- Improve upon the way we handle select() and friends, so that the server can deal with requests more efficiently.
Today, I've reached the (fairly significant) milestone with that branch that on my machine, it seems to pass the "read" part of the test suite. What's more, the second part of the above two means it actually did so at a much higher speed than it does, on average, on the main branch.
Of course, reading is only half of the story, and no, write doesn't seem to work yet. After that, there's also a lot of work still to be done if I want to get this branch "on par" with the main branch, feature-wise.
But there's a light at the end of the tunnel. Finally.
Twenty years ago, I was sixteen and in high school. The school at the time, if memory serves right, was the "Kunsthumaniora voor muziek en woord van het gemeenschapsonderwijs" in Brussels (which translates approximately to "art high school for music and word of the communal educational branch"... that's not entirely right, but it's late and I'm too tired to look for a dictionary). I was taking drama classes there. No, I'm not making this up. Except maybe the sixteen bit—I might be off by one or two years.
Hey, I did a lot of things during high school. Stop looking at me like that.
At one point in time during my stint in drama, a group of educational interns—the sort of people who would be teaching some sort of stuff somewhere after their graduation—cooperated with our school to come up with a whole day of classes around one subject. I'll never forget the title: "Can art rescue the democracy?" If that sounds pompous and silly, that's because it was. However, I was at art school, fer crying out loud, so I drank it up like it was cool-aid. Which it wasn't. It was worse.
At the end of the day (literally, that is), the educational interns had booked some hot shot art person for a debate. I've since completely forgotten his name. He must've been not that hot shot after all, since I never even once read anything about him in the next few years. Of course I can't exclude the most recent decade, not remembering him and all, but whatever. I also don't remember whether he was a hot shot art critic, a hot shot artist, or just some random hot shot person who writes about art, but doesn't actually do it himself. Whatever.
One of the main topics during the whole day was the point about how artsy people find it extremely difficult to define what art actually is. I mean, it's all they do all day, but they can't come up with a decent definition of the damn thing.
During the afternoon break, just before the debate with this maybe-sortof-semi hot shot art person, I walk around the playground and think about the whole thing. And come up with some personal definition of art. My definition.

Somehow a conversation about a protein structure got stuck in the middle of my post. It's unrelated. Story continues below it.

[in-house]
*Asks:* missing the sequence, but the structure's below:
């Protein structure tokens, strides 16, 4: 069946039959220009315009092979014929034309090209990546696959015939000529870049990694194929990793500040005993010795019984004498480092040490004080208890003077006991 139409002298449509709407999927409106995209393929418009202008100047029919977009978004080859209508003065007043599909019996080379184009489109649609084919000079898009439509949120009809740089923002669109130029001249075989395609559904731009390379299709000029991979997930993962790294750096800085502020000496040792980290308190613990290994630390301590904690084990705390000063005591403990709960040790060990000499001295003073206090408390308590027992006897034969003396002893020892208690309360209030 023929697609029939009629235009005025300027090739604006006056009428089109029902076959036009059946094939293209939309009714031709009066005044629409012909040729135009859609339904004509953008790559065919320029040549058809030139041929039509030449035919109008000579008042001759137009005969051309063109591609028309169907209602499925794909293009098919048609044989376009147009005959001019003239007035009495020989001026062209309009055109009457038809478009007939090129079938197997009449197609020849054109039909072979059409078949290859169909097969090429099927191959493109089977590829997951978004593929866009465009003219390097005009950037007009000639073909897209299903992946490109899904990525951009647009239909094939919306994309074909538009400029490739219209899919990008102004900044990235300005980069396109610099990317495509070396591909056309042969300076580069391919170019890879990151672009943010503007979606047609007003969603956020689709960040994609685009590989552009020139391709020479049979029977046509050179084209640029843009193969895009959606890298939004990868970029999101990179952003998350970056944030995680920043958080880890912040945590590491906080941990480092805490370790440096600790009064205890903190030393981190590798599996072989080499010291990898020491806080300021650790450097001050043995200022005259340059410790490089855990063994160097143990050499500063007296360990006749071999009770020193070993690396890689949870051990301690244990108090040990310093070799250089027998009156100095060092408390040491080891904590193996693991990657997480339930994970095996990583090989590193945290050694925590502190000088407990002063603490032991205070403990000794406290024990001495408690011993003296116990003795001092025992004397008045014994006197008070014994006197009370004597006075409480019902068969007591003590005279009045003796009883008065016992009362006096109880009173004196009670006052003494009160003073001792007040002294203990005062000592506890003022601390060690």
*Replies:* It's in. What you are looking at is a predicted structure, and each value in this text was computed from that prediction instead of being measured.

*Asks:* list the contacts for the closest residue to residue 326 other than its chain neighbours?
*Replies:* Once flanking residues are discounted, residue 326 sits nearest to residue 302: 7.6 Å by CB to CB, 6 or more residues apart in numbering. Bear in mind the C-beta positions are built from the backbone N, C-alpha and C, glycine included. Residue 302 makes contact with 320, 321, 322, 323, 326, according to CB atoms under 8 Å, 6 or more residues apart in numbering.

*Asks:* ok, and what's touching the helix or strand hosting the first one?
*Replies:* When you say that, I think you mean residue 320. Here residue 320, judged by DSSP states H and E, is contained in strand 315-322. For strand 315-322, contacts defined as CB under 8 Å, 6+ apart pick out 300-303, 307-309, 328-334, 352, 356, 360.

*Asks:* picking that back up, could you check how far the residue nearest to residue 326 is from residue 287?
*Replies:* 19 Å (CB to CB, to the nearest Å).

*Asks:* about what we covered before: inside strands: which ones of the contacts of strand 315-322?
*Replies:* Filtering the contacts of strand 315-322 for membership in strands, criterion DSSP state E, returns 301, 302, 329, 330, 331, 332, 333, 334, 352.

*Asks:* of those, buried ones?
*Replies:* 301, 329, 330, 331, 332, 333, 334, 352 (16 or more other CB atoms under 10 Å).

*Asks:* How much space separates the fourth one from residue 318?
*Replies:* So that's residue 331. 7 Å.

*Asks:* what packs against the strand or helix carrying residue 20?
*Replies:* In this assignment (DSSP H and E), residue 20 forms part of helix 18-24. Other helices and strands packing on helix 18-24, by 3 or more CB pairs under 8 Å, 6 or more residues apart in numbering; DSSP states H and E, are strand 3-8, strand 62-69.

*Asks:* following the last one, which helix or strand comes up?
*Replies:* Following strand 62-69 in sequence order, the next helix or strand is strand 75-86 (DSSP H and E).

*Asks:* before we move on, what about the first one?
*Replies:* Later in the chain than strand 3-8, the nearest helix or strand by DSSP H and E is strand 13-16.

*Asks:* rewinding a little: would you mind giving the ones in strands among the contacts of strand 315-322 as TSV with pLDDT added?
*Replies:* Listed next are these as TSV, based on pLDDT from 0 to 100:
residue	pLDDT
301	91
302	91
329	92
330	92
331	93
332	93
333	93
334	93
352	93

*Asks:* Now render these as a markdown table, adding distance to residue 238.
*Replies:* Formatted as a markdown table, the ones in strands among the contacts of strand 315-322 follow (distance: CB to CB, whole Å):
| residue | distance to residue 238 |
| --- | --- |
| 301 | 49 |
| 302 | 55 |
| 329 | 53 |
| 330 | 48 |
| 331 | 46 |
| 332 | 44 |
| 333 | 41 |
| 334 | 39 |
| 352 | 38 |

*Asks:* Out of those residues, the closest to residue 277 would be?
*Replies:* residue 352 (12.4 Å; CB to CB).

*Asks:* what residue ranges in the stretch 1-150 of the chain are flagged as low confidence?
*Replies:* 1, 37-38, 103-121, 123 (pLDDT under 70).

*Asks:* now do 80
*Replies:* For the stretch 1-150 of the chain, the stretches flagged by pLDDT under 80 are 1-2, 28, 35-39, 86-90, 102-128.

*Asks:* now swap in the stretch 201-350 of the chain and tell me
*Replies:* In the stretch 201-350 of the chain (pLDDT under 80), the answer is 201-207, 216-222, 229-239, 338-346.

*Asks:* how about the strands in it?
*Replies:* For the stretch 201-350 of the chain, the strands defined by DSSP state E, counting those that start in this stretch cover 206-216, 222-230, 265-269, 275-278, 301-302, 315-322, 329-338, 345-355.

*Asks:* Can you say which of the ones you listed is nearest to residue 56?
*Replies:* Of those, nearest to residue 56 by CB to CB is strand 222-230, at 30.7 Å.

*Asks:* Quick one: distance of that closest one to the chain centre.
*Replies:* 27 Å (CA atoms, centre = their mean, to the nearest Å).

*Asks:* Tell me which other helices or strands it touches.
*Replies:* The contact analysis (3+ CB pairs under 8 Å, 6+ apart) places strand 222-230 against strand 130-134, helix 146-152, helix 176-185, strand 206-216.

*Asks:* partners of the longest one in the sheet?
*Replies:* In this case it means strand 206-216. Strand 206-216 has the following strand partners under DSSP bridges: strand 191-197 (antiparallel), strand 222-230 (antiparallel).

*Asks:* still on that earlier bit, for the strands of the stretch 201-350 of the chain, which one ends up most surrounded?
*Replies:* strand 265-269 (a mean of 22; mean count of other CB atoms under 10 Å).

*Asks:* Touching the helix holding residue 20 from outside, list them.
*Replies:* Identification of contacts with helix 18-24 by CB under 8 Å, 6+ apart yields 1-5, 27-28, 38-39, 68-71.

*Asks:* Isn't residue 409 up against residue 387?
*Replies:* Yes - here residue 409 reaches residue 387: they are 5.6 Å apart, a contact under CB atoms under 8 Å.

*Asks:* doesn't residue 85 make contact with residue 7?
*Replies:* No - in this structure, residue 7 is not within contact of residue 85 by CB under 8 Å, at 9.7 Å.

As the time of the debate comes up, the hot shot art person sits in the front of the gym behind some table, and the whole school (literally) is sitting in chairs in the rest of the gym. Some questions are asked. Many of those are just shot down.
At some point, I raise my finger when it's asked if anyone has further questions. I walk up to the microphone. I ask him:
"Could we maybe define art as that thing that, though it might be easy to reproduce, in no case is easy to produce?"
He sits (he never got up, really). He thinks. I stand, and wait. After a few seconds of this, he answers. He seems impressed. His reply is something along the lines of "that's not a perfect definition, but it's pretty good. There's a lot to be said for that, and I urge you to write about art when you grow older".
I never followed his advice. I got a bit more interested in art, but quickly found out that art consists of one group of people who spend their time doing things other people find pretty, and another group of people who spend their time doing things that makes other people "think", whatever that is. They may not have a brain, they may be silly as hell, but they still want to "think". It's not for me, it's never been. Art, that is -- not the think bit. That is something I don't mind doing.
Don't get me wrong. I still like art. I like going to museums from time to time; I like the performing arts. I mean, I play the flute. Not the piano, not the guitar, not the flipping drums, the flute. Which I like, for what it's worth.
But if the intent is to make people think, there are better ways to do that. If I want to make people think, I'm not going to make some obscure object that may or may not have a message, in the hope that a millionaire with no better use for his money would buy it just to make his friends jealous, after which he's going to put it in a safe for a few years so he can sell it at a higher value. Without thinking about it. If I want to make people think, I'm not going to write a play or piece of music that's so obscure it will make people all confused, so they can fill their evening afterwards drinking cocktails at a reception, claiming it was all nice and thought-provoking, quoting little parts of it to people they've never met, just so they can make their social status look more than it actually is.